Another project I worked on while I had drying time on the mast parts was preparing the rudders for installation by giving them the treatment I devised for my own Tiki 26 rudders. I wanted to insure that the holes drilled for the rudder lashings would never allow water to penetrate the plywood and lead to rot, and David liked my method so he asked me to do it to his rudders as well. Photos and descriptions of this process on my Tiki 26 rudders can be found here.
The process is easier if you do it before the hulls are assembled, when you can match the skegs up with the rudders and drill all the holes on a drill press. Since David's skegs were already in the boat, they had to be done in a different fashion but it was still possible. The rudders were easier, as shown in the steps below.
First an oversized slot was cut in the position of each set of lashing holes. This was done by first drilling three 7/8" holes in a straight line and then cutting out the material between them with a jigsaw.
These large holes were filled with epoxy thickened with chopped fiberglass strand and silica, then the leading edges of the rudders were routed out to allow for teak inserts to be glued in where the rudder lashing will cross over in the attachment to the skegs. These hardwood inserts will also help prevent water entering the plywood edges. Below Pascual is using a template to route consistent-sized openings for the inserts.
This photos shows his template set-up and some of the routed openings. Pascual is David's top guy with router set-ups and custom templates, and he loves doing this kind of precision work.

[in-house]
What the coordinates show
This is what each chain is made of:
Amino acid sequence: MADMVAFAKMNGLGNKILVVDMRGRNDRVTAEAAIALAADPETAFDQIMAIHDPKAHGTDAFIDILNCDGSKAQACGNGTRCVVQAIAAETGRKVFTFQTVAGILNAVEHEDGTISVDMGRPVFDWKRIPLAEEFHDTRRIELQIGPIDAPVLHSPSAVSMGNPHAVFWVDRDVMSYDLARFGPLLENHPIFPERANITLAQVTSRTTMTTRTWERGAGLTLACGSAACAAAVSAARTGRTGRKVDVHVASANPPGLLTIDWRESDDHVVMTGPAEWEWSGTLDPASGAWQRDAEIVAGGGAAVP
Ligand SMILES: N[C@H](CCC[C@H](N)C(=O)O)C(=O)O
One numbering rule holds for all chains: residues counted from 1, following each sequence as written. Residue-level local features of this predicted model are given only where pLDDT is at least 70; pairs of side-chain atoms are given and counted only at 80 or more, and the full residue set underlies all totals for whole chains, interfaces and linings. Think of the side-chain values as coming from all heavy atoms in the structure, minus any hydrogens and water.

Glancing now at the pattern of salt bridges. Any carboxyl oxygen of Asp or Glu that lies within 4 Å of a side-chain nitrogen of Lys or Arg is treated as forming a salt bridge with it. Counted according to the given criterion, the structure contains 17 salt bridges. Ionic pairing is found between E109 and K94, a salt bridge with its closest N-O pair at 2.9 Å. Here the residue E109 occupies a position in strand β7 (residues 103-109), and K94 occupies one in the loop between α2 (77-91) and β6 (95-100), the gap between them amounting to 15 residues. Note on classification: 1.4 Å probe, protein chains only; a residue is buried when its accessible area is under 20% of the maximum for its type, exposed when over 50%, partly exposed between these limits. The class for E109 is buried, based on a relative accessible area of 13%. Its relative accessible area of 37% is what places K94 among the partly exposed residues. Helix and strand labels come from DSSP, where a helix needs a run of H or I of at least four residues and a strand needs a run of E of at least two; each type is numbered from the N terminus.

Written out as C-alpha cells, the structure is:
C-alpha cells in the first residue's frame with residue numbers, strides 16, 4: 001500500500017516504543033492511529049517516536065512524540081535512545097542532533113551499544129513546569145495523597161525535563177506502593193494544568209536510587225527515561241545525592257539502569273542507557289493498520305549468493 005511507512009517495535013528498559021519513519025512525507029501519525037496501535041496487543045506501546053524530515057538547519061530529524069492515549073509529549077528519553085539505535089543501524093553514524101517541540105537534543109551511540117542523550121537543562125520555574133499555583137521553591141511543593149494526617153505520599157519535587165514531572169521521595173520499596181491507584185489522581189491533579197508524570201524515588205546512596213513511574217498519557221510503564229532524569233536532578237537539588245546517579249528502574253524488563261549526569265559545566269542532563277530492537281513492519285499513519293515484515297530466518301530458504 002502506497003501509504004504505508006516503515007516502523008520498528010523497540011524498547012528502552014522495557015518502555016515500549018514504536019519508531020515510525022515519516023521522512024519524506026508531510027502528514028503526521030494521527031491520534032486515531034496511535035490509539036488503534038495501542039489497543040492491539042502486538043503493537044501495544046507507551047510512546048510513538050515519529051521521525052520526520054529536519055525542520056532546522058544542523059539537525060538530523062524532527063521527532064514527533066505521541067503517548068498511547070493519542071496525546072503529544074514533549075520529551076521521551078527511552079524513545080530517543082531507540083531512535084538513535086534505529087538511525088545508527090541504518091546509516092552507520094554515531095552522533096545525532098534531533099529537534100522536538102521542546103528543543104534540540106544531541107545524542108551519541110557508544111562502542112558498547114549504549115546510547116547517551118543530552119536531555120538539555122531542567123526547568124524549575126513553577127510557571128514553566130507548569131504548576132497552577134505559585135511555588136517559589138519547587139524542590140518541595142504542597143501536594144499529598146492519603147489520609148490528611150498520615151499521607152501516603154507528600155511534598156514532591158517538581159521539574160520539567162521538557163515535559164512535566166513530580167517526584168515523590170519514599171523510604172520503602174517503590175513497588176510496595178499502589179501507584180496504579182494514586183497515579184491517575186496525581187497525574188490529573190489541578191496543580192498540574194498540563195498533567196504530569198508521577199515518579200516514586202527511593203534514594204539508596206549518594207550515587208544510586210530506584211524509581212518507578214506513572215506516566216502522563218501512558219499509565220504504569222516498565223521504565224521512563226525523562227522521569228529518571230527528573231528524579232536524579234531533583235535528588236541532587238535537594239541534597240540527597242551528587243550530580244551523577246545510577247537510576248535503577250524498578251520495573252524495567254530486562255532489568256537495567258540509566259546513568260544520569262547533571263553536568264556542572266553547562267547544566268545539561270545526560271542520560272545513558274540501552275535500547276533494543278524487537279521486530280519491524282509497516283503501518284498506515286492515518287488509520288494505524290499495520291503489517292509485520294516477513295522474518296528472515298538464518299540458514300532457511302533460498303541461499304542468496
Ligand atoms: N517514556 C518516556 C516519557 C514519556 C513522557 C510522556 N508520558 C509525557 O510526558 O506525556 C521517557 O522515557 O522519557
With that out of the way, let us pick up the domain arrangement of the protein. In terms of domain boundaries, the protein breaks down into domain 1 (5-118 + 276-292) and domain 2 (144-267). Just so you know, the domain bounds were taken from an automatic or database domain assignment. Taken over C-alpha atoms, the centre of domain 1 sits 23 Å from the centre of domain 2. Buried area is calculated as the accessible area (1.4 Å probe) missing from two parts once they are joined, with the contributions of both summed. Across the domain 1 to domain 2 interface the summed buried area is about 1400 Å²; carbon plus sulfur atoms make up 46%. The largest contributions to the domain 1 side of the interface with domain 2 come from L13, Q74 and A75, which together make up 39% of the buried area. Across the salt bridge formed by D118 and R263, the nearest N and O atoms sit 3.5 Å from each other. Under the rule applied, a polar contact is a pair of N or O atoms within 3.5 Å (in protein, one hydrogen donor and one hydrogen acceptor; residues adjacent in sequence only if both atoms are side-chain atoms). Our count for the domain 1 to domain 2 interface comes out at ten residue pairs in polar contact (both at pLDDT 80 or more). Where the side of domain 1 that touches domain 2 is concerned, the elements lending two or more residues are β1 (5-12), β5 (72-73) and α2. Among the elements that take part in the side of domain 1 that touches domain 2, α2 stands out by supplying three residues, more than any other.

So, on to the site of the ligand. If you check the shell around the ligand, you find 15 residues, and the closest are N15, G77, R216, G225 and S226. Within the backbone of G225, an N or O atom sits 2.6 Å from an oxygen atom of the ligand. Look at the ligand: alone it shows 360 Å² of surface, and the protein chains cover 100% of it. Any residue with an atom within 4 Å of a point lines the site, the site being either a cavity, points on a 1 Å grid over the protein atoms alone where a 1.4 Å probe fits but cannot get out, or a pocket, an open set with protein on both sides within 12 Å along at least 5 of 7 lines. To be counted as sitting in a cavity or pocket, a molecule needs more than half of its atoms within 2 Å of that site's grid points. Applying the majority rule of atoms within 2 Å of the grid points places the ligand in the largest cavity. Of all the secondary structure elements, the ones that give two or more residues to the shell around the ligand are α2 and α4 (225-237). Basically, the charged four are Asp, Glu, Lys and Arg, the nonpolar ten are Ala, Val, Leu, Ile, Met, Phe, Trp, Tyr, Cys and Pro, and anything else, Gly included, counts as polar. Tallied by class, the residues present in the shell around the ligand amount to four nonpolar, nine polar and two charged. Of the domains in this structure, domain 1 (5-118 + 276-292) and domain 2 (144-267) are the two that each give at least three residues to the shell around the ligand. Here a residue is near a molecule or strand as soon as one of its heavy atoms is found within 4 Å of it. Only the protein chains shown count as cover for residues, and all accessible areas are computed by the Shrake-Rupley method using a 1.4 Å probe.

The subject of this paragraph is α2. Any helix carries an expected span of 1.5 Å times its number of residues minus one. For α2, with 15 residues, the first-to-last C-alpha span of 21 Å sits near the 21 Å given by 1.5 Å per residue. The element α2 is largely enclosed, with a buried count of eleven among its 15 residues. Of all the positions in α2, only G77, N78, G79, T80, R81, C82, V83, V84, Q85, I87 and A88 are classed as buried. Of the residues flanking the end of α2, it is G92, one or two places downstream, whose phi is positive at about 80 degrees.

Below you can see the rudders with the teak inserts installed, and the plywood template I made for drilling the holes. Pascual also made another router template to recess the area around the lashings 1/8" deep in relation to the surrounding rudder surface. This will keep the lashings lower in profile and reduce turbulence in the water.
This photo shows the finished insert work done, with the lashing holes drilled using the template and the sharp edges of the routed recesses filleted with epoxy to allow sheathing over the whole surface. All that remains to do on the rudders is shape the edges to a hydro-foil section as the plans show and sheath them.
The tillers were also laminated while I was there. David has lots of extra teak on hand so he built them of teak and used a simple form on a work bench to glue them to the curved shape, as this allows more control than the weighted method shown in the plans.